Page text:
(This is cross-posted from my Globe and Mail blog)
More than a month after Radiohead allowed users to download its latest album and pay whatever amount they wanted for it, debate continues about whether the move was just a stunt — one that only an established band with a dedicated fan base could pull off — or whether it was a viable alternative to the traditional record-label model.
The band has yet to say how many people have downloaded the album or what they paid, but that hasn’t stopped others from experimenting with similar moves. Suburban Home Records, an independent label based in Colorado, recently announced that fans can download a free sampler collection of songs from all the bands represented and distributed by the label — and they can share those songs with whoever they wish.
Meanwhile, a new music site known as RCRD LBL launched this week, founded by Engadget editor Peter Rojas and Josh Deutsch of Downtown Records. The site features songs by a variety of up-and-coming artists, which are provided for free download (without any digital-rights-management restrictions), along with widgets that can be embedded in various blogs and other sites that stream RCRD LBL artists. The venture is completely ad-supported.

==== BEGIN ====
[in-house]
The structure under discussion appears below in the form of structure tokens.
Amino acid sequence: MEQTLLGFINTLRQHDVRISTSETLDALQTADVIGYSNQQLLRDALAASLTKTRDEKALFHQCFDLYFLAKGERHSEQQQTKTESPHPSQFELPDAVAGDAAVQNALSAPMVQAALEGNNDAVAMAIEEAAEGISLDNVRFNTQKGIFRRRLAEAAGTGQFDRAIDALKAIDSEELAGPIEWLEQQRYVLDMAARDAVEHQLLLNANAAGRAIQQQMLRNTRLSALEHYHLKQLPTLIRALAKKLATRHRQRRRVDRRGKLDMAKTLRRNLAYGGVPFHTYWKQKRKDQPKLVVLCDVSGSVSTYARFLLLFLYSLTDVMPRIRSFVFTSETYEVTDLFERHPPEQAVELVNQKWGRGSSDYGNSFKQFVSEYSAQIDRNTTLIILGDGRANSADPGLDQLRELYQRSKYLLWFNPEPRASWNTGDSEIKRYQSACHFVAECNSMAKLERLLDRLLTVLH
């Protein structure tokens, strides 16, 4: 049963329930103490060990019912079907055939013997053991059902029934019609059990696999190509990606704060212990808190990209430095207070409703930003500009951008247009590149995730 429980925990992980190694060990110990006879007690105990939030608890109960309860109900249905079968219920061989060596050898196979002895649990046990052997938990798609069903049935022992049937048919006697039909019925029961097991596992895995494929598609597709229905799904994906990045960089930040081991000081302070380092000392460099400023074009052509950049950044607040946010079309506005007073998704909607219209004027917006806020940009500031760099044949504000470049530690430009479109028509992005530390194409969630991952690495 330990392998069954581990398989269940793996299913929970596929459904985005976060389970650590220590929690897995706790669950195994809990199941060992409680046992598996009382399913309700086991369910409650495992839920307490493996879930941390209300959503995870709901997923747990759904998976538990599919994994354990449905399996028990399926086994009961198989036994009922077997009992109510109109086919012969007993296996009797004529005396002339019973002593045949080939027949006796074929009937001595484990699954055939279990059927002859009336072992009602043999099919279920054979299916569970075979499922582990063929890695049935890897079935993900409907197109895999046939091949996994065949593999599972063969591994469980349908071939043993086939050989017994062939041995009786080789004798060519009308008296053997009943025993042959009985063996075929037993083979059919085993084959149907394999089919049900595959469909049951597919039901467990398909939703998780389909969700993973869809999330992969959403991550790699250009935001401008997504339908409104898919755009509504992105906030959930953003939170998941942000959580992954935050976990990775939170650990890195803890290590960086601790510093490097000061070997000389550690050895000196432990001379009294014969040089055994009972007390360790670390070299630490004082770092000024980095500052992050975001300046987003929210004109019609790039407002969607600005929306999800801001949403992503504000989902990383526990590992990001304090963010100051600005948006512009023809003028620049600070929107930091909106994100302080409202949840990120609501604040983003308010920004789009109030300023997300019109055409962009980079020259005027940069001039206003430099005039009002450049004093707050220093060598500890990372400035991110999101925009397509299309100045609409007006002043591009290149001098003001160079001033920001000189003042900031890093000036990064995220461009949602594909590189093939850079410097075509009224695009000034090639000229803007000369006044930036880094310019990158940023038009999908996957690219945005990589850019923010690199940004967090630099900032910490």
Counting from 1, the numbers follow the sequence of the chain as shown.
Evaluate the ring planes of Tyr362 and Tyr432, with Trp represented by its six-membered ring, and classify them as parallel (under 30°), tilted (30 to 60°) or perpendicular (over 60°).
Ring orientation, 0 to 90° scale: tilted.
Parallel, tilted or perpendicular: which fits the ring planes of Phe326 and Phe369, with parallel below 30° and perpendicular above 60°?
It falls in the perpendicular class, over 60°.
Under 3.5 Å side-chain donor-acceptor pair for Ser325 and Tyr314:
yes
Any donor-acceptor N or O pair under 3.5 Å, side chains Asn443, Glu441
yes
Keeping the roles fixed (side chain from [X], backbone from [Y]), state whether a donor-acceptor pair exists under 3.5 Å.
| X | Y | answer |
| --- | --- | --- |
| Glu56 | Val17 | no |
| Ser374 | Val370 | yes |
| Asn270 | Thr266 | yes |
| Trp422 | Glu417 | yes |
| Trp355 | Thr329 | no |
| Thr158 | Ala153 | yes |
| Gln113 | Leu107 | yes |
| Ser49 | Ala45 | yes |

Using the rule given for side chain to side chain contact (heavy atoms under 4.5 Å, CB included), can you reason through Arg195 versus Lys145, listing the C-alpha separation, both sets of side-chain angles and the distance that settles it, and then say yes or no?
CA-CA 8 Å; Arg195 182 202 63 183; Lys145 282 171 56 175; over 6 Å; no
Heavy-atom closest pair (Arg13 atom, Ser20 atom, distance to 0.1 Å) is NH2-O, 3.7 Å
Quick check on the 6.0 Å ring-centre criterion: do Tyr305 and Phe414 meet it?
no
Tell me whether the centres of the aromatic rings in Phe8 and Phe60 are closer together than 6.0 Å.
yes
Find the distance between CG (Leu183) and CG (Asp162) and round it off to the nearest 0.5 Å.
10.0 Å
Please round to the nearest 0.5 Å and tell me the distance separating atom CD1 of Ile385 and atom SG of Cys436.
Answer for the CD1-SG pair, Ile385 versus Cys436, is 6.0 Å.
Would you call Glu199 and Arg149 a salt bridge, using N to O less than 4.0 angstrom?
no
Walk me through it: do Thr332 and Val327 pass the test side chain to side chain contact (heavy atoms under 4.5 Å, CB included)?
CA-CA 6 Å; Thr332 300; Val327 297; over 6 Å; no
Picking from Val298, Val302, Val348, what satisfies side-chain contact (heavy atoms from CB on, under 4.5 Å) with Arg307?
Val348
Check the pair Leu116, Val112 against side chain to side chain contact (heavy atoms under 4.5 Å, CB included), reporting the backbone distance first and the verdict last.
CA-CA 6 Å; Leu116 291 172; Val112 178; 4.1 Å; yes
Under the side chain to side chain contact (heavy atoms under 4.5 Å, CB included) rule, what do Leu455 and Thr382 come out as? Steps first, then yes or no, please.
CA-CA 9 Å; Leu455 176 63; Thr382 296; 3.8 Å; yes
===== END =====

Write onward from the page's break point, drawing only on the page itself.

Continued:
Another artist inspired by Radiohead (in addition to The Charlatans, another UK band who released their album for download not long after Radiohead did) was Trent Reznor of the Nine Inch Nails, who recently dumped his record label. Reznor has made a number of comments both at public events and on the band’s website about how he was looking forward to developing a “direct relationship” with his fans, and was also instrumental in getting a record by Saul Williams — a record Reznor produced — released online as a free download.
One of the NIN frontman’s attempts to interact more directly with his fans has been stymied, however — at least for now — by the lawsuits between his former label (Universal Music) and YouTube. As Reznor describes in a recent note on the NIN website, fans have been remixing and reworking his songs for the past couple of years, creating interesting works of their own, and the artist wanted to recognize these efforts by setting up a dedicated site at NIN.com for them to upload their files. Then he got a call from Universal.
The label, which owns the rights to Reznor’s previous works, wouldn’t let him go forward with the project because they are afraid it might jeopardize their lawsuit against YouTube and MySpace. The label is arguing that the two sites don’t have protection under the “safe harbour” clause of the U.S. Digital Millennium Copyright Act, and according to Reznor “Universal feels that if they host our remix site, they will be opening themselves up to the accusation that they are sponsoring the same technical violation of copyright they are suing these companies for.”